Getting the lighting right in your kitchen is important. Not only does it help set off the design features, it also allows you to see what you’re doing when preparing meals and generally running your household. These days, the range of options for lighting is as wide as it has ever been. Here are some ideas to get you started.
Lighting is one way to really make your mark on a kitchen design. From a magnificent chandelier or pendant light hanging from the ceiling to a matching set of stylish, wall-mounted up lights, you will find something to fit the bill. You could even add some strings of fairy lights to bring a whimsical, romantic feel to the room.
Cooking often calls for intricate preparation work. This is made much easier with decent lighting. Angle poise lamps and articulated arm lamps are perfect for this, as they can be brought in when needed and then swung back into storage when the task is complete. Another solution is to have under-cabinet task lights that can shine extra light onto the counter tops in an unobtrusive, yet effective way
If you are lucky enough to have a kitchen with large windows, or a door that leads out into the garden, you will already know how lovely it is to have lots of natural light streaming into the room,. You can increase this in several ways, such as placing mirrors in strategic places to reflect even more light back into the room. Or change your back door for one with a large glass component and switch heavy window blinds or curtains with lighter, slim-line versions.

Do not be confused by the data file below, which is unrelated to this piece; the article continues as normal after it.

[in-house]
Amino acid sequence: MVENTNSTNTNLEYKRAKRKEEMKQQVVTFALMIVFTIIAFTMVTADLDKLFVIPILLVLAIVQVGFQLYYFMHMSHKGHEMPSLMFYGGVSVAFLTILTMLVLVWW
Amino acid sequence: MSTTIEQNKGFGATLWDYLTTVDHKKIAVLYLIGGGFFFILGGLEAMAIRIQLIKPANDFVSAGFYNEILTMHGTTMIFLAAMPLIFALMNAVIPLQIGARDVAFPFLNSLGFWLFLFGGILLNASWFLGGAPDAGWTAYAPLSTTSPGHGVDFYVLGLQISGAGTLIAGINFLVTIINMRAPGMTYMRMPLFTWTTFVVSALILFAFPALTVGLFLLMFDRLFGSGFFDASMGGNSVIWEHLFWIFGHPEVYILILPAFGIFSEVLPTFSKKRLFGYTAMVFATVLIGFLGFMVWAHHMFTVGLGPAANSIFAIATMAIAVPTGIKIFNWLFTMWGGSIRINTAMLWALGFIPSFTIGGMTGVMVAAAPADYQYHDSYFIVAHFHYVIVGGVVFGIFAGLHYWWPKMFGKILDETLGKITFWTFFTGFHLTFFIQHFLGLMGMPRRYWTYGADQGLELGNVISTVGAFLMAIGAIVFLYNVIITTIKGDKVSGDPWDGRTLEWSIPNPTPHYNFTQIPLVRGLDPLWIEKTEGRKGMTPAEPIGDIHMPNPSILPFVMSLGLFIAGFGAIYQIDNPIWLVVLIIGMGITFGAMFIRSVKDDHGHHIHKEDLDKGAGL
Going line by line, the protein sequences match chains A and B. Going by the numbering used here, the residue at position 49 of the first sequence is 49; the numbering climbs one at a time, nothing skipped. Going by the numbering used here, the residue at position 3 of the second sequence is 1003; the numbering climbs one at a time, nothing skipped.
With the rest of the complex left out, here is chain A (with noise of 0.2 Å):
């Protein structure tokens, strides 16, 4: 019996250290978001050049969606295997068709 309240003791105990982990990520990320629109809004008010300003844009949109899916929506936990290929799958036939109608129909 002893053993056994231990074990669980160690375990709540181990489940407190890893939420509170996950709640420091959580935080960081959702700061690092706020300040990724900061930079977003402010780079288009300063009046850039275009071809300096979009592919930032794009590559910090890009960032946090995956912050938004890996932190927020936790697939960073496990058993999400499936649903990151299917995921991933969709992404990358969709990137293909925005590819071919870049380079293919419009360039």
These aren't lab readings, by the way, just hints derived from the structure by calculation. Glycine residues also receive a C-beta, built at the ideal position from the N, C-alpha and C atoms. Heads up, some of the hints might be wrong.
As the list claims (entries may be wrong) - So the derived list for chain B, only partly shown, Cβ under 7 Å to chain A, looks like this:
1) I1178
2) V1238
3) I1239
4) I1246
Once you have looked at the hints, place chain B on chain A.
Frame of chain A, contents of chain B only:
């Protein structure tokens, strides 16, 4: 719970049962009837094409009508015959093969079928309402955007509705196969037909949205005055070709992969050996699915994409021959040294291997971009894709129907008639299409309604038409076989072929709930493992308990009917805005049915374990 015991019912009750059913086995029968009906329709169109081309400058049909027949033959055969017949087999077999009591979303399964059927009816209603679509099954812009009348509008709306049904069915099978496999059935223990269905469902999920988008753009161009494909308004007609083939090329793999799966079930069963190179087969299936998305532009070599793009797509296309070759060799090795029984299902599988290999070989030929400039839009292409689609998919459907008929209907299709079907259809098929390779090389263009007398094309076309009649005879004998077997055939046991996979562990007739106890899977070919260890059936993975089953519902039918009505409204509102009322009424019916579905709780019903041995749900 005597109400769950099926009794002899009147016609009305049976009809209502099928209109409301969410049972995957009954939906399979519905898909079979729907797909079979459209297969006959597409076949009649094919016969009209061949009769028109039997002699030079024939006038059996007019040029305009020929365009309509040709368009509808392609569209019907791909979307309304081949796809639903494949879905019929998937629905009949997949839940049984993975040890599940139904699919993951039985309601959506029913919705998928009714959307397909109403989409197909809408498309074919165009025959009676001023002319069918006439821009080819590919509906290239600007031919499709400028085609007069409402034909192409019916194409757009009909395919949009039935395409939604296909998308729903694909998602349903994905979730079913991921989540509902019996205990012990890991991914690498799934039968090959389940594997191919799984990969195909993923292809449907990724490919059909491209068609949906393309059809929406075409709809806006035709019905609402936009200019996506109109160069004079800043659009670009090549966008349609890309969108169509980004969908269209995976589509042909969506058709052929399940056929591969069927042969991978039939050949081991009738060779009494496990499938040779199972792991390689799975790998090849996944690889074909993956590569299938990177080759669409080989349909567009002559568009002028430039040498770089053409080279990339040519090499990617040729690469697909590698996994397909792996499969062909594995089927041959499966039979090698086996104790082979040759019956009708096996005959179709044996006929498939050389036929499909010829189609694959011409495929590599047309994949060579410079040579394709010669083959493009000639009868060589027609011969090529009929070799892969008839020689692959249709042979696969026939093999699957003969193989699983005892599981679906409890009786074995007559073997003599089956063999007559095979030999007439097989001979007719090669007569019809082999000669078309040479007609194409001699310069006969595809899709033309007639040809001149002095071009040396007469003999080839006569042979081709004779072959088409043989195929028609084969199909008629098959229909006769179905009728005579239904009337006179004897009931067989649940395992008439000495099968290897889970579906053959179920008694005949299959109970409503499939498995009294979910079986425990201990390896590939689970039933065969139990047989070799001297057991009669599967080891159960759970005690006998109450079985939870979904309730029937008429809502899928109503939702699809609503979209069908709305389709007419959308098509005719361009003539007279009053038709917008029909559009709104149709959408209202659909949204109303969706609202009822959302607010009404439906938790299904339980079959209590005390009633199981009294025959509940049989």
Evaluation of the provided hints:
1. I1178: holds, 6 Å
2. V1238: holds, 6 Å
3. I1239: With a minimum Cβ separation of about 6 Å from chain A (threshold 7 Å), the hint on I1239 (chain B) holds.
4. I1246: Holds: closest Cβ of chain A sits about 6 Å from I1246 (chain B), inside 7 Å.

If you’re feeling adventurous, you might like to consider making your own lamps. Jam jars, wine bottles or canning jars would look pretty with lights inside. Lamp shades can look fantastic when covered in decoupage or decorated with inks, paint or vinyl stickers. They can be fashioned out of wire or willow too – even interesting tree trunks or driftwood will for a great base. Just make sure your homemade lights will not turn into fire hazards and have been checked by an electrician before being put into use.
Candles have long been used in other rooms of the house to provide light and decoration, so why should the kitchen miss out? So long as you follow the safety guidelines for positioning and monitoring lit candles, they can add real warmth to the available space. Large church candles will give hours of light, while the more delicate tea lights and floating candles may not last so long, but will look delightful. You can also get candles that will help disperse unpleasant cooking smells and keep insects and bugs at bay – a good scent to look out for, for these two purposes is citronella.